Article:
Friday, October 09, 2009

When I Talk a Poem, I Expect It to Talk Back

Lying here with E. resting by my side, patient but at ease; she will not sleep till I sleep. Here I lie working the net, confirming that old memories actually are links to poems and not a kind of memory hash now turned into something too attenuated to profitably remember.

(By profit I mean I can *find* the bastards. *There* you are, not exactly but close enough.)

I've had some good luck. I found something. What I am thinking is what kind of poem it is that I like, and that is one that I mostly understand.

Not all. That would be vulgar, even cheap. But mostly, with a fine last line that I could almost have written myself, at least in my imagination.

Philip Larkin, "Autumn"

The air deals blows: surely too hard, too often?
No: it is bent on bringing summer down.
Dead leaves desert in thousands, outwards, upwards,
Numerous as birds; but the birds fly away,

And the blows sound on, like distant collapsing water,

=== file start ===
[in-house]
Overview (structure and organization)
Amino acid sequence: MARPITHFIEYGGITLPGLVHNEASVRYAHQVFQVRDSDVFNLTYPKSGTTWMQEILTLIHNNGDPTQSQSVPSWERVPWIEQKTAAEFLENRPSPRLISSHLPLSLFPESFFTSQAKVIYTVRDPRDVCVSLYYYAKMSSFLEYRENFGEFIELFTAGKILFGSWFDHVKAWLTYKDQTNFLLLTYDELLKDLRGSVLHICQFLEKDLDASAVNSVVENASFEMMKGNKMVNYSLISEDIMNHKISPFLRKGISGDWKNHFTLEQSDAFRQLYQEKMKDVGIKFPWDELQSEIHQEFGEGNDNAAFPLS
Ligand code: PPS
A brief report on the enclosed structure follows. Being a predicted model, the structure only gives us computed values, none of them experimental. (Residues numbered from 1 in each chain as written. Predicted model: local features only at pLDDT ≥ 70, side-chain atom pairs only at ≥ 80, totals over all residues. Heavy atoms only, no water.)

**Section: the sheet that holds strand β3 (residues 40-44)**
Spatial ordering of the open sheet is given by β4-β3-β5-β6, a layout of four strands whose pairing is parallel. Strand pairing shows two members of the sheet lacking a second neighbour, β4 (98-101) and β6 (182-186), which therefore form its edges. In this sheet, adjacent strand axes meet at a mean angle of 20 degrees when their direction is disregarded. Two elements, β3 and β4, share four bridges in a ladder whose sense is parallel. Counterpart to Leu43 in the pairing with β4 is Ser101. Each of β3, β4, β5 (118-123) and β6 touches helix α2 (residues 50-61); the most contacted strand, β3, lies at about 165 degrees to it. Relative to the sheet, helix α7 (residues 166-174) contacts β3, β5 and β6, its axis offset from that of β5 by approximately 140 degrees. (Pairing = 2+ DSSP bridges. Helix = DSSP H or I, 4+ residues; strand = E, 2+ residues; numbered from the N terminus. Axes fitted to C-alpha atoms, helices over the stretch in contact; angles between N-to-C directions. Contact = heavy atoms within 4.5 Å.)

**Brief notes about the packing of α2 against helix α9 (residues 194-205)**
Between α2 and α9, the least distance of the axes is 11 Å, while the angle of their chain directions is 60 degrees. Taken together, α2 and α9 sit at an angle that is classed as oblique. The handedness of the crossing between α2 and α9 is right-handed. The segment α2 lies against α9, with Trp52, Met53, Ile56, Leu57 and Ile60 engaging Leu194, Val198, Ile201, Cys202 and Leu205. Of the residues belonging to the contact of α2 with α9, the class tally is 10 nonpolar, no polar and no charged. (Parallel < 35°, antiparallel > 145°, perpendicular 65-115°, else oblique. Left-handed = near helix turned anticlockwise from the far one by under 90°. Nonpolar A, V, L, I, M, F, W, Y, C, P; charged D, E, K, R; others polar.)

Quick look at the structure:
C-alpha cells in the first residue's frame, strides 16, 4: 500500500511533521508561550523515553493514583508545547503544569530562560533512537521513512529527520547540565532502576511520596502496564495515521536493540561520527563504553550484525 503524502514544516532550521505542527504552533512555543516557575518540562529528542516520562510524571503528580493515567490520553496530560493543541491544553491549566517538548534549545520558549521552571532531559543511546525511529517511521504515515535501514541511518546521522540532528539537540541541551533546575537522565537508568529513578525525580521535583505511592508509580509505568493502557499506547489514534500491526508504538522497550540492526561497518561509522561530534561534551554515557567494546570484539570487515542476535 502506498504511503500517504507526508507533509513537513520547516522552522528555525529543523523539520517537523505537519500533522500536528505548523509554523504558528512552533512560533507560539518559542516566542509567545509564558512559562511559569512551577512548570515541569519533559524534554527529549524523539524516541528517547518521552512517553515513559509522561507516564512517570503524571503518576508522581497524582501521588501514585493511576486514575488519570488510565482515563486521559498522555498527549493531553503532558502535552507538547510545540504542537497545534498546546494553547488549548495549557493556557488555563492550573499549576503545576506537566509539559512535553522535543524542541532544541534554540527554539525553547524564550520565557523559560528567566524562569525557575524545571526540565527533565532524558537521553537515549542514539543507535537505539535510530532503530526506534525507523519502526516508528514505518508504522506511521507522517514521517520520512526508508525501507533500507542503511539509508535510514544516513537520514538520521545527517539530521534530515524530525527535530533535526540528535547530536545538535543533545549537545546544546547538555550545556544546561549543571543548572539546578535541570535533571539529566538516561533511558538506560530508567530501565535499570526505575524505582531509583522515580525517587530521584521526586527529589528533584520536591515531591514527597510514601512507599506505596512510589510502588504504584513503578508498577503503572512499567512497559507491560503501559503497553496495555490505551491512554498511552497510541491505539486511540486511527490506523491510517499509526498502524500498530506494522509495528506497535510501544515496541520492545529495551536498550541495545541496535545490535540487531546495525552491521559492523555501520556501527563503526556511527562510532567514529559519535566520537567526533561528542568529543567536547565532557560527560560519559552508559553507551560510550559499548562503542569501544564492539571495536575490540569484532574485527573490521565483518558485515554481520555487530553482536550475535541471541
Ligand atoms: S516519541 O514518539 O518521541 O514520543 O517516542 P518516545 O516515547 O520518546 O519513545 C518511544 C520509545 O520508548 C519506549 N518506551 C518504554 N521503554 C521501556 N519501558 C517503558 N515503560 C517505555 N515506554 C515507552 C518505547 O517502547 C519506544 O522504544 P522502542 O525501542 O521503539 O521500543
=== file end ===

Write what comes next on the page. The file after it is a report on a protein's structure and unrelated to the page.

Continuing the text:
Or empty hospitals falling room by room
Down in the west, perhaps, where the angry light is.
Then rain starts; the year goes suddenly slack.

O rain, o frost, so much has still to be cleared:
All this ripeness, all this reproachful flesh,
And summer, that keeps returning like a ghost
Of something death has merely made beautiful,

And night skies so brilliantly spread-eagled
With their sharp hint of a journey--all must disperse
Before the season is lost and anonymous,
Like a London court one is never sure of finding

But none the less exists, at the back of the fog,
Bare earth, a lamp, scrapers. Then it will be time
To seek there that ill-favoured, curious house,
Bar up the door, mantle the fat flame,

And sit once more alone with sprawling papers,
Bitten-up letters, boxes of photographs,
And the case of butterflies so rich it looks
As if all summer settled there and died.

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